Prologue Birth of a Hero They were both born under the sign of Gemini, and for those who believe in the stars as arbiters of fate this must have seemed the link that bound them. She herself was to invoke the heavens when at last they met. Her birth thus was chronicled, documented and celebrated with fanfares though she should have been a boy. But his. It was the merest chance that he was found at all, for the bundle was half concealed by sacking and the Tyne docks that mid-morning in were high-piled with packing cases waiting to be loaded on the boats for Scandinavia, with rusty barrels, coils of rope and coal from the barges.
|Published (Last):||19 October 2012|
|PDF File Size:||3.23 Mb|
|ePub File Size:||8.83 Mb|
|Price:||Free* [*Free Regsitration Required]|
Shelves: romance When I flipped through the book at the library the cover told me this was the story of beautiful dark eyed princess who has shrugged off her royal duties and taken up the life of theatre and how she meets and falls in love with a handsome and rich English businessman. No, this was less of romance and more of, well When I flipped through the book at the library the cover told me this was the story of beautiful dark eyed princess who has shrugged off her royal duties and taken up the life of theatre and how she meets and falls in love with a handsome and rich English businessman.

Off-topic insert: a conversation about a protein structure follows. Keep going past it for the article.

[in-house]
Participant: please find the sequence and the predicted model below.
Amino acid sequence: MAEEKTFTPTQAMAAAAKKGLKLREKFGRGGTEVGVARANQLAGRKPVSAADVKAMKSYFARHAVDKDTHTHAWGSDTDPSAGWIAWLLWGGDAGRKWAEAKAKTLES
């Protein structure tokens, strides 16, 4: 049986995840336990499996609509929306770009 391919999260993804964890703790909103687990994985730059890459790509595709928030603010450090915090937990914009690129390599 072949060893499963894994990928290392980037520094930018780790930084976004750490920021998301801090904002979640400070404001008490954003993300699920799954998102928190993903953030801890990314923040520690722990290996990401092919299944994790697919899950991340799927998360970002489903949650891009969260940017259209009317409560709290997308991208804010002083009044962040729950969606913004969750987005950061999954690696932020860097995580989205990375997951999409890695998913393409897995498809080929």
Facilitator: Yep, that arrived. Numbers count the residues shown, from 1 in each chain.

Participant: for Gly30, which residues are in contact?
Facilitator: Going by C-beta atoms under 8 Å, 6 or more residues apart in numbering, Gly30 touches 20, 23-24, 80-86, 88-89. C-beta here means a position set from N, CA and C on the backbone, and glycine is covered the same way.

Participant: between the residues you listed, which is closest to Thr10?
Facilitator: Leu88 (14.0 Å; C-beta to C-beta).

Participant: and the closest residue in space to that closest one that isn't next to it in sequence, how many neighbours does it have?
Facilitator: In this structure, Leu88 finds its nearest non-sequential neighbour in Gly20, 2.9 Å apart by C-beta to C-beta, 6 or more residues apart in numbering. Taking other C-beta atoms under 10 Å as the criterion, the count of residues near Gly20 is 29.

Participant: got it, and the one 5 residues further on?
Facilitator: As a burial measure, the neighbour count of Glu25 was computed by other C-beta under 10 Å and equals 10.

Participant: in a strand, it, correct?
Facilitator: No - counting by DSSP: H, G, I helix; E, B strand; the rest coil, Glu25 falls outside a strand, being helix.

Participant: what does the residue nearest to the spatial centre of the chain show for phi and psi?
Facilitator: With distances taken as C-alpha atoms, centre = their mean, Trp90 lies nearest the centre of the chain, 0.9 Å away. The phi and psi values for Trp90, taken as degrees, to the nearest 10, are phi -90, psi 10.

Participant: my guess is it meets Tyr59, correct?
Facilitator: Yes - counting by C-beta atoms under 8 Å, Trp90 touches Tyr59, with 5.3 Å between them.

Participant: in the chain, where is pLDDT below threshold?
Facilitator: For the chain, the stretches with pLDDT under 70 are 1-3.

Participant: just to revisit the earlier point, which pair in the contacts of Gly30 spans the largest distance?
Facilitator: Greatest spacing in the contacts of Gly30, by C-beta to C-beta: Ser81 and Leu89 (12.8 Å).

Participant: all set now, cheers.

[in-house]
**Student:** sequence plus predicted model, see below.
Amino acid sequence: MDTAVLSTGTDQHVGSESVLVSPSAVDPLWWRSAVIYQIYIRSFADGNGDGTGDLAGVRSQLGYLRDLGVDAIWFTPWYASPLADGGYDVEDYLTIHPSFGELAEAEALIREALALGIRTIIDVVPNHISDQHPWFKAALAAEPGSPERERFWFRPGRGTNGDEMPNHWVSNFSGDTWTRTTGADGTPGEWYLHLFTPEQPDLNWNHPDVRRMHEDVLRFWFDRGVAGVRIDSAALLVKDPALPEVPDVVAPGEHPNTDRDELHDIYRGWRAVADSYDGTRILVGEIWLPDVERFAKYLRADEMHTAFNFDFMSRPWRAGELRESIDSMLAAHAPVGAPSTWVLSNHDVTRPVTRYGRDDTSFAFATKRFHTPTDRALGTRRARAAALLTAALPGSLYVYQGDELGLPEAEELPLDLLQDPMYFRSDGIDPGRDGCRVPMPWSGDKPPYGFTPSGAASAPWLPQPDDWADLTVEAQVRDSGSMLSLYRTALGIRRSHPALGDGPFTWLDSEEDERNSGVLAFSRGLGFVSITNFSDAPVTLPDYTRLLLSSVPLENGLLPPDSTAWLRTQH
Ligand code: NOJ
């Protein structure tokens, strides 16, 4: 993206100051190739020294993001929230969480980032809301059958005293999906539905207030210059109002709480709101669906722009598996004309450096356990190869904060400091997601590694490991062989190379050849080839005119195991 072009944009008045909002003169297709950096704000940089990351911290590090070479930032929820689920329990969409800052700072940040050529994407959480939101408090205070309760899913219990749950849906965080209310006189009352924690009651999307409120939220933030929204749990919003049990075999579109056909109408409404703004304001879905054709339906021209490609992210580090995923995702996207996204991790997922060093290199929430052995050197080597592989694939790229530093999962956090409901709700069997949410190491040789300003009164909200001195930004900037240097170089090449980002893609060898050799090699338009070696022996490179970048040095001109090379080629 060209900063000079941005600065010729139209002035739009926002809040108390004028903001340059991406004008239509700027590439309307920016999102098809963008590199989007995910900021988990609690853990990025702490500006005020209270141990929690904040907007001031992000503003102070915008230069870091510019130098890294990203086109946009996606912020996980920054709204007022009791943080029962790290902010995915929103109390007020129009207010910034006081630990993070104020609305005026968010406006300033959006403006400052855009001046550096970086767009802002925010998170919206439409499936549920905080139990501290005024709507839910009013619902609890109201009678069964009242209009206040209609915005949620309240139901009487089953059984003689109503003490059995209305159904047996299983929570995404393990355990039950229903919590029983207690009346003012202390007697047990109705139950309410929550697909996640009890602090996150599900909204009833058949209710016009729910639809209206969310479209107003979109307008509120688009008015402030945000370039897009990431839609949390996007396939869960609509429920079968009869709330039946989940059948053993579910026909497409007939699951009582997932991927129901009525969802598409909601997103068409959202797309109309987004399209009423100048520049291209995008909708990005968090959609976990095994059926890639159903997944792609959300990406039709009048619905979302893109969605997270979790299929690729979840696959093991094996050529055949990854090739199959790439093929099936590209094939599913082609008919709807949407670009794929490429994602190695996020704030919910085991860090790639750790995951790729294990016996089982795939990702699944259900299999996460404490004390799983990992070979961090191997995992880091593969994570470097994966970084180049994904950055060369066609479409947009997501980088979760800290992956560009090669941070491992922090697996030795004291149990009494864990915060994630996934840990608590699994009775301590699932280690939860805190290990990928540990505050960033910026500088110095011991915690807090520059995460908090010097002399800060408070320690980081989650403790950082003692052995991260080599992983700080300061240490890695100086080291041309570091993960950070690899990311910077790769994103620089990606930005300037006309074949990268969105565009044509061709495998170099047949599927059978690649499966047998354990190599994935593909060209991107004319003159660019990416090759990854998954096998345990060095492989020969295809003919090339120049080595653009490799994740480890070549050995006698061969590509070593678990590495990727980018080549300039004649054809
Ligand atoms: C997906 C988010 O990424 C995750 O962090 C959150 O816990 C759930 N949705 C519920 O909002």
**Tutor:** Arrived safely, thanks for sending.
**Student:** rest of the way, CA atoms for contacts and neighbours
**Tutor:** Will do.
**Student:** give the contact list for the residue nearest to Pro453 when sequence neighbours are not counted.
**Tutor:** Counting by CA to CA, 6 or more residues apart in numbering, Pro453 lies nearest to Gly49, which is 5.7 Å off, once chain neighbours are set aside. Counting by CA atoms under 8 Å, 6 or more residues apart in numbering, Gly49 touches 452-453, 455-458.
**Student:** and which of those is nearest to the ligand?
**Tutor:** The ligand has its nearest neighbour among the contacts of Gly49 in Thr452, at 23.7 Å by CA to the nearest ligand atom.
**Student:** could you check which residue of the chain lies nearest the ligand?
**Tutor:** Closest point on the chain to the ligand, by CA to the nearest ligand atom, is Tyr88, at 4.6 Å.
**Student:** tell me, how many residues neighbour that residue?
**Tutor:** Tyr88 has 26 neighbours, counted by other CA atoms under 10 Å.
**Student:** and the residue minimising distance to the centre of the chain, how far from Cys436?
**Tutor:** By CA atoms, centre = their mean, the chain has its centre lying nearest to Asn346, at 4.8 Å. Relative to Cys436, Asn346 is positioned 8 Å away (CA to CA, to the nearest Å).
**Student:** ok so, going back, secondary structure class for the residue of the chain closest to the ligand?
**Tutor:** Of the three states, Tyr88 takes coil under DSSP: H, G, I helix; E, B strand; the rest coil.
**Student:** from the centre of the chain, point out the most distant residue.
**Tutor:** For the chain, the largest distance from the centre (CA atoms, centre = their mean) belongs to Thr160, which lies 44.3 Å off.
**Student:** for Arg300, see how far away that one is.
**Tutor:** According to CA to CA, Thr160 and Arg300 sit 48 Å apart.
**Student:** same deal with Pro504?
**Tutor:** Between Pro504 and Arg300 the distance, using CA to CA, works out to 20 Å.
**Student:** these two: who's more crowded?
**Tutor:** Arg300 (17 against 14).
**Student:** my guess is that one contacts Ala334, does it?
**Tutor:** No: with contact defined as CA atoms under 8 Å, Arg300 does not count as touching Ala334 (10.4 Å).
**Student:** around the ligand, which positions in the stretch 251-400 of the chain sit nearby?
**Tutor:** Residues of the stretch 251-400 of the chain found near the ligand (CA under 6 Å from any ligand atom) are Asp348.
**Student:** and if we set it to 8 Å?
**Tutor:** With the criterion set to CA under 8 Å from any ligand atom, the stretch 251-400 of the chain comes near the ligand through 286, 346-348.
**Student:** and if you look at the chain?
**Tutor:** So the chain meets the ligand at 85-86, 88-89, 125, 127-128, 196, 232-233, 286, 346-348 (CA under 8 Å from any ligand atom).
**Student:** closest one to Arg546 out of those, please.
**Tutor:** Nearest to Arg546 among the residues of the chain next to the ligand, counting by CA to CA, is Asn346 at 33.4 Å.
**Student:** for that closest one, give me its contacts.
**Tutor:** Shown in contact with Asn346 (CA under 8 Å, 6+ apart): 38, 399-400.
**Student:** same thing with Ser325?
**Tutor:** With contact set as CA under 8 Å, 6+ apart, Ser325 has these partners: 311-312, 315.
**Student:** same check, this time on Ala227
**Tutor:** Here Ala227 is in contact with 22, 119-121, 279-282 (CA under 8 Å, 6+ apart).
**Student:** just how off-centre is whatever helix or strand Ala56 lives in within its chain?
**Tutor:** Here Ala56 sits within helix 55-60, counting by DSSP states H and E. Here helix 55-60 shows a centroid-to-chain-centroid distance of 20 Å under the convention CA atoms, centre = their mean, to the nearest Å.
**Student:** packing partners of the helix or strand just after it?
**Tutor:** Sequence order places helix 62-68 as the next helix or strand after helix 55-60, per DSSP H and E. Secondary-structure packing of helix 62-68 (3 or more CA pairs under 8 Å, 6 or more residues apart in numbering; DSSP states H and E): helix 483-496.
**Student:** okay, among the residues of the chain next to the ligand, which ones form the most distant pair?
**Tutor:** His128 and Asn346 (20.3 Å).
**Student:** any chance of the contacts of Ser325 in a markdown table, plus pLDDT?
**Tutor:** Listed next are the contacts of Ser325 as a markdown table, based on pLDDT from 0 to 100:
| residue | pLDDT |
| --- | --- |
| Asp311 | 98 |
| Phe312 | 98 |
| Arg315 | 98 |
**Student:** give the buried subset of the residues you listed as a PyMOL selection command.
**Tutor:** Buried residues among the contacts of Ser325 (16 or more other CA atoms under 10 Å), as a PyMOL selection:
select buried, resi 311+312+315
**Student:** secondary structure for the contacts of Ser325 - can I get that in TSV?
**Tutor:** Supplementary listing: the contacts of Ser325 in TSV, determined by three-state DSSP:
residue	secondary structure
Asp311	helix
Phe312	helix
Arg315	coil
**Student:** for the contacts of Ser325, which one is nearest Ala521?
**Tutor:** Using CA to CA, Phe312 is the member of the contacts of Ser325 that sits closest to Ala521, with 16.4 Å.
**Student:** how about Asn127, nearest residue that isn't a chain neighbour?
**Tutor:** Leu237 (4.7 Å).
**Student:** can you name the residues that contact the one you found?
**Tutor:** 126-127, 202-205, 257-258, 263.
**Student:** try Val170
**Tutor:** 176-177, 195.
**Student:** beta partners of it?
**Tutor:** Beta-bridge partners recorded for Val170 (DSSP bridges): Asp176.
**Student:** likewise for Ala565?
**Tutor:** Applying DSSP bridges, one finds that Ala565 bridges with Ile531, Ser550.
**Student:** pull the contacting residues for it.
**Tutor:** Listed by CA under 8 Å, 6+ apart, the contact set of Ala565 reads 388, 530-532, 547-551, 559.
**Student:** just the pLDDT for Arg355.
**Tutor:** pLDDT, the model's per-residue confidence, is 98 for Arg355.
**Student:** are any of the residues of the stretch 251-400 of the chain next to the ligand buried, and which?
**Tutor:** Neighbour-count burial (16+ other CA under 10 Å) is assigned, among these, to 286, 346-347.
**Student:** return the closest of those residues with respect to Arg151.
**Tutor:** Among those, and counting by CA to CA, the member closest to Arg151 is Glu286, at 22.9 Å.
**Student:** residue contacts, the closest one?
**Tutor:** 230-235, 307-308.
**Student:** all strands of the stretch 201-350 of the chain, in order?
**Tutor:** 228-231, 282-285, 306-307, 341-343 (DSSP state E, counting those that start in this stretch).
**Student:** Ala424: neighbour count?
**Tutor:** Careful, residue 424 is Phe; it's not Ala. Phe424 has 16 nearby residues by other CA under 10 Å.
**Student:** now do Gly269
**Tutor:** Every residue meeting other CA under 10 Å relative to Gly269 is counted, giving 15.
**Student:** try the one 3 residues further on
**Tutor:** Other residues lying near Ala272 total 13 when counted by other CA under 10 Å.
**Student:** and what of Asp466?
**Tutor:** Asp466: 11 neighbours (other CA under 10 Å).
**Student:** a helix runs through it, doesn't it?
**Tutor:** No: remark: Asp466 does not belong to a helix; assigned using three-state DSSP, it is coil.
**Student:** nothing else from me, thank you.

Putzerl, or rather, Princess Theresa belongs to a more progressive branch of royalty. She is a staunch republican at heart and after the war she is one of those who fiercely support the end of royalty. She is dedicated to art and so, informing her aunts, she sets off to Vienna where she takes up the job of a stage hand at the International Opera Company to serve the art she so believes in.
It has a lot of stuff going on. All of it makes you want to put down the book and grab the first tickets to Austria that very moment. There are pages and pages on the antics that go on backstage at the theatre, the superstitions of the performers, their dreams and hopes, their fears and failures and eccentricites, the bailiffs, the pressure of performance, the rush to grab the audiences attention, the scarcity of money And then, only then, is it about any romance at all. But I loved the story.
Every single last bit of it. Eva Ibbotson is one of those authors who leave you begging for more and I highly recommend anyone and everyone with an interest in art, music, history or theatre to pick up the book.